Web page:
Answer: Test your salt levels with a test strip as a too low or too high level can trick your chlorinator’s built-in sensor to give out a false reading. If your levels are where they’re supposed to be, the next step would be to clean your saltwater cell. If cleaning your cell doesn’t work, then it’s probably time to replace your saltwater cell altogether. See our collection of genuine and replacement saltwater cells here.
Question: One of the kids had an “accident” in our saltwater pool, what do I do?
Answer: Don’t worry too much. Scoop out as much of the “accident” as possible, crank up your saltwater chlorinator to its maximum level and leave your chlorinator and pump running for at least 24 hours to totally sanitise your pool water and it should be fine.
Question: Our hair is turning green! Is this from the saltwater chlorinator?
Answer: Partly yes! But before you run out and yank out your saltwater chlorinator, a regular chlorine pool will also turn your hair green! This is chlorine reacting with copper in your pool water, oxidising the copper and turning your hair green! This is usually common in pools that use well water or is in an area where metals are present in the water. The solution to this is to use a chelating agent on your pool or add a metal sequestrant to keep the copper in solution and not tint your hair green.
Answer 2: A copper-based algaecide could also be the culprit for turning your hair green if you didn’t have this type of problem before. Check the labels of your algaecide to see.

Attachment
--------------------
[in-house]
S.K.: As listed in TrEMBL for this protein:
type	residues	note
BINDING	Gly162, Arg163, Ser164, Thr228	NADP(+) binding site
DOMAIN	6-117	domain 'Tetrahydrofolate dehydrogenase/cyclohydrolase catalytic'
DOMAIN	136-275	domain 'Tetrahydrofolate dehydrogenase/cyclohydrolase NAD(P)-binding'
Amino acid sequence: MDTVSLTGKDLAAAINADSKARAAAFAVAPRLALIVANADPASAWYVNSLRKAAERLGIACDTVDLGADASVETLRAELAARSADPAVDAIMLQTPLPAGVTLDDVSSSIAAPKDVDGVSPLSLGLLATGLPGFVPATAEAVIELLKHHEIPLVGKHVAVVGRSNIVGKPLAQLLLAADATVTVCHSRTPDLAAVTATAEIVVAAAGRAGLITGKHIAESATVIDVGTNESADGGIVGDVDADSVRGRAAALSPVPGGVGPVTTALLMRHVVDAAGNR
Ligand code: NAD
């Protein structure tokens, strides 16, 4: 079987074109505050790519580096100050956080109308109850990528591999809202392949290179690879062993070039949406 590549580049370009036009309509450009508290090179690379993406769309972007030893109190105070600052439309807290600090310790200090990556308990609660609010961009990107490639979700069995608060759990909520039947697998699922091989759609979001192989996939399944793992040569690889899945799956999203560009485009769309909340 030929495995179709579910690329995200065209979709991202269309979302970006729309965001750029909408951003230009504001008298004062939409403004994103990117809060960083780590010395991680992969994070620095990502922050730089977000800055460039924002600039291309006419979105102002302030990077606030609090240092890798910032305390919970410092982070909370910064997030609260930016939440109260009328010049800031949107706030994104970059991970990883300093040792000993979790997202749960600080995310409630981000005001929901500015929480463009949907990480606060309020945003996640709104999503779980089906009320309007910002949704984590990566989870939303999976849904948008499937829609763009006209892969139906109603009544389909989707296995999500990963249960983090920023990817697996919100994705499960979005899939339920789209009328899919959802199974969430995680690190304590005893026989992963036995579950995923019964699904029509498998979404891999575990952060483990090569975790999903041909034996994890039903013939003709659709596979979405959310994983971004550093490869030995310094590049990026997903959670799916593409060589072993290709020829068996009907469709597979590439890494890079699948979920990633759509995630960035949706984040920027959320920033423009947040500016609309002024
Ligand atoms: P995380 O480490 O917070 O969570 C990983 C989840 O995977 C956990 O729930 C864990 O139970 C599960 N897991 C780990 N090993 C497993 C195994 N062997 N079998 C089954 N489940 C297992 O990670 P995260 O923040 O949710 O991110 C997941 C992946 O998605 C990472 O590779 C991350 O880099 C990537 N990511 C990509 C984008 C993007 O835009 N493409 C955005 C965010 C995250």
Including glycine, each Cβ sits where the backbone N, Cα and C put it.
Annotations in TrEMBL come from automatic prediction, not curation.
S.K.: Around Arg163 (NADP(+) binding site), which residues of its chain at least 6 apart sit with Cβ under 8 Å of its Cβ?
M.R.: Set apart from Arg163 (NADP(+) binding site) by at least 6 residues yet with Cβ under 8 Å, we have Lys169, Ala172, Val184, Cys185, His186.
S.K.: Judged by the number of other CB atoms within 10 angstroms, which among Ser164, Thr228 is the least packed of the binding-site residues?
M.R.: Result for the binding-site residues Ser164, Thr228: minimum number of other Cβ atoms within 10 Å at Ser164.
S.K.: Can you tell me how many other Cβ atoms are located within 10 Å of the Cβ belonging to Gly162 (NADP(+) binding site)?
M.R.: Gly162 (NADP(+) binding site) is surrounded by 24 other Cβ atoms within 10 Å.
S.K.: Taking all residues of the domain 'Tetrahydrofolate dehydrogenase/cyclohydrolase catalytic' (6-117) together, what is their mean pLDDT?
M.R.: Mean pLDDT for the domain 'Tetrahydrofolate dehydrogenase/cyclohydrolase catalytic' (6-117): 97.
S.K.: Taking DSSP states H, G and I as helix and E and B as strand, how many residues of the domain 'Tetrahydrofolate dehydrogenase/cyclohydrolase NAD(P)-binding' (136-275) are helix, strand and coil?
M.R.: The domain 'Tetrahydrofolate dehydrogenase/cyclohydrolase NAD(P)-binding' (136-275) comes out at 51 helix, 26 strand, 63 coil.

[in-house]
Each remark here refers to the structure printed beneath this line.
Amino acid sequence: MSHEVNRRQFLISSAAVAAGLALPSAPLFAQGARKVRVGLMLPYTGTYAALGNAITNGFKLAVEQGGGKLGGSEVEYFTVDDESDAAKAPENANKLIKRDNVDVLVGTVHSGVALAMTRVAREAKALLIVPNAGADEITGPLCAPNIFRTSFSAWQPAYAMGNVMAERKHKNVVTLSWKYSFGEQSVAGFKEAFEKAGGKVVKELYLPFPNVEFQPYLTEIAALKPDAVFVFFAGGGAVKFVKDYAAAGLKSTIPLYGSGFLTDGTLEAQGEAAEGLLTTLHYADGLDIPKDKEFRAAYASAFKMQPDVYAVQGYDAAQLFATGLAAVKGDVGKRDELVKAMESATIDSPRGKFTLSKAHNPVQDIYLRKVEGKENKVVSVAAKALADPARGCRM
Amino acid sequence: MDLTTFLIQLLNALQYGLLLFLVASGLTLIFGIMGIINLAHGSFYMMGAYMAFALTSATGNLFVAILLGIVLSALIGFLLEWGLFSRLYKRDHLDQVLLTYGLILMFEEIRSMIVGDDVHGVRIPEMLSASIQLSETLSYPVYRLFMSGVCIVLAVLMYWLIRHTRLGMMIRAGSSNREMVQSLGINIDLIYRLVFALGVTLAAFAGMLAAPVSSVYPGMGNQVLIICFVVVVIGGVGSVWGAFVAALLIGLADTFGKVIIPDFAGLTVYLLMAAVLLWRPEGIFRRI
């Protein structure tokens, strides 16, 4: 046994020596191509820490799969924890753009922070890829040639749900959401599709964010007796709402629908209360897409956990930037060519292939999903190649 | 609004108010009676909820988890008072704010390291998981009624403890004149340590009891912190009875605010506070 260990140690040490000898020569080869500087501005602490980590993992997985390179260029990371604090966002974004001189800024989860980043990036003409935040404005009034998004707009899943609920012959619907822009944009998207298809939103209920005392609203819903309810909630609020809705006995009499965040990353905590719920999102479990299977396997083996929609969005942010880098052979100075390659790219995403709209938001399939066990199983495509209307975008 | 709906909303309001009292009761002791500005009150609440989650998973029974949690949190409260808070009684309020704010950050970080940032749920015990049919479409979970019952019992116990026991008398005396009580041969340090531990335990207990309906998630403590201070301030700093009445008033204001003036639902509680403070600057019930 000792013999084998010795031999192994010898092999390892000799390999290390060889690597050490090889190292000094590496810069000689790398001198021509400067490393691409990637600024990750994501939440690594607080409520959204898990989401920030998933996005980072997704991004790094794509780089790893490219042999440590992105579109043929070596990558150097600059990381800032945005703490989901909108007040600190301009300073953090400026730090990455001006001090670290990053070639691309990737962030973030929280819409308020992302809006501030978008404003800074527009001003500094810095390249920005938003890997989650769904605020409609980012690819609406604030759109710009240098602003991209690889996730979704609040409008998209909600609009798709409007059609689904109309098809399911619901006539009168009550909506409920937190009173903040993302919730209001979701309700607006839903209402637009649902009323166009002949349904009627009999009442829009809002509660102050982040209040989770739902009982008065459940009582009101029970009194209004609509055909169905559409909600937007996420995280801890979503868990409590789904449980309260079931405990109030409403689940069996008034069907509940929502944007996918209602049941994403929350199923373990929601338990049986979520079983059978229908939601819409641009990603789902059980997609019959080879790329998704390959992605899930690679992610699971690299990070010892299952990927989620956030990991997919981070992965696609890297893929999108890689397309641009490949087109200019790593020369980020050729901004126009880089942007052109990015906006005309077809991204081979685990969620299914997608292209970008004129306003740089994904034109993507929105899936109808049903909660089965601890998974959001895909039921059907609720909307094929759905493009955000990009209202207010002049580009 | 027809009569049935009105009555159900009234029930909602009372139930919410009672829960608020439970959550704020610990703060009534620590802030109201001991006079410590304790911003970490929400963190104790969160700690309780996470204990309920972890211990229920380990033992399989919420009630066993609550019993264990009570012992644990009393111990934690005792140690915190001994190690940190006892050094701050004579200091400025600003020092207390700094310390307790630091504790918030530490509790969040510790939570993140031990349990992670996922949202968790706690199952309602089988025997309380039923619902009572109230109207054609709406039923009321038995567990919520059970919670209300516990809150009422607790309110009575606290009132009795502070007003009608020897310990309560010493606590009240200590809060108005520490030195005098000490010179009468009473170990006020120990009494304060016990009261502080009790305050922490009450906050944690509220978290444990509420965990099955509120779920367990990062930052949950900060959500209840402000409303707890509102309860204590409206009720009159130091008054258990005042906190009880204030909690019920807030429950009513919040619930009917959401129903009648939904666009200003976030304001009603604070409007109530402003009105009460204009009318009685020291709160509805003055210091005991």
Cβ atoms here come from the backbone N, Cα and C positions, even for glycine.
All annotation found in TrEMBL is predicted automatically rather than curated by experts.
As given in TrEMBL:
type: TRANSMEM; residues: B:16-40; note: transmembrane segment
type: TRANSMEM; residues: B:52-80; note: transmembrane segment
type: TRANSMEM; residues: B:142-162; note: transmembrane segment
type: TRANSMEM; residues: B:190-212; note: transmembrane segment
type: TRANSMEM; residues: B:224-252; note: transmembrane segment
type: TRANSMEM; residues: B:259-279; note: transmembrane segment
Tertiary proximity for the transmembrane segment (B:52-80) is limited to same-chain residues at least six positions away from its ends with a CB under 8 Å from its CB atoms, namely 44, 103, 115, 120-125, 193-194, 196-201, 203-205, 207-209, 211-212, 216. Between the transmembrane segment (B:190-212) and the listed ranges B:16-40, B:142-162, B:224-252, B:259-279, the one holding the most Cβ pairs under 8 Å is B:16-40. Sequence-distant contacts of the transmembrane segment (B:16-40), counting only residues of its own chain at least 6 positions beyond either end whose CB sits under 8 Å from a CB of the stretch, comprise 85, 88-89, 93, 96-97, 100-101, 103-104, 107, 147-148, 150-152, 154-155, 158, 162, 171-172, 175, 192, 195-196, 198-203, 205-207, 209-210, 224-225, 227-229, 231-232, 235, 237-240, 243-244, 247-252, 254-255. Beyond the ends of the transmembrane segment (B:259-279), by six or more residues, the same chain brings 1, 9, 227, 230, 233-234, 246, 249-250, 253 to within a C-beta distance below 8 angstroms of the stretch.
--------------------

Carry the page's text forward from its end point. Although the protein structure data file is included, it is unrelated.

Question: My free chlorine levels are above the recommended levels! Help!
Answer: This is an easy problem to fix. Simply lower the output levels of your chlorinator and re-test your water until you get a steady free chlorine reading that’s within the recommended levels.
Question: All of the chemical levels in my pool are within the recommended/optimal levels but my pool water is still cloudy, what could be the cause?
Answer: The cloudiness in the water could be coming from particles too small for your filters to catch or your filters might not be doing their job properly. Try backwashing your sand filter or soaking your filter cartridge in some filter cleaning solution. Also take note of when you last replaced your filter elements, it might be time to replace the sand in your filter or your filter cartridge itself. If that doesn’t work then you may need to do something more drastic like using a flocculant on your pool to remove the cloudiness.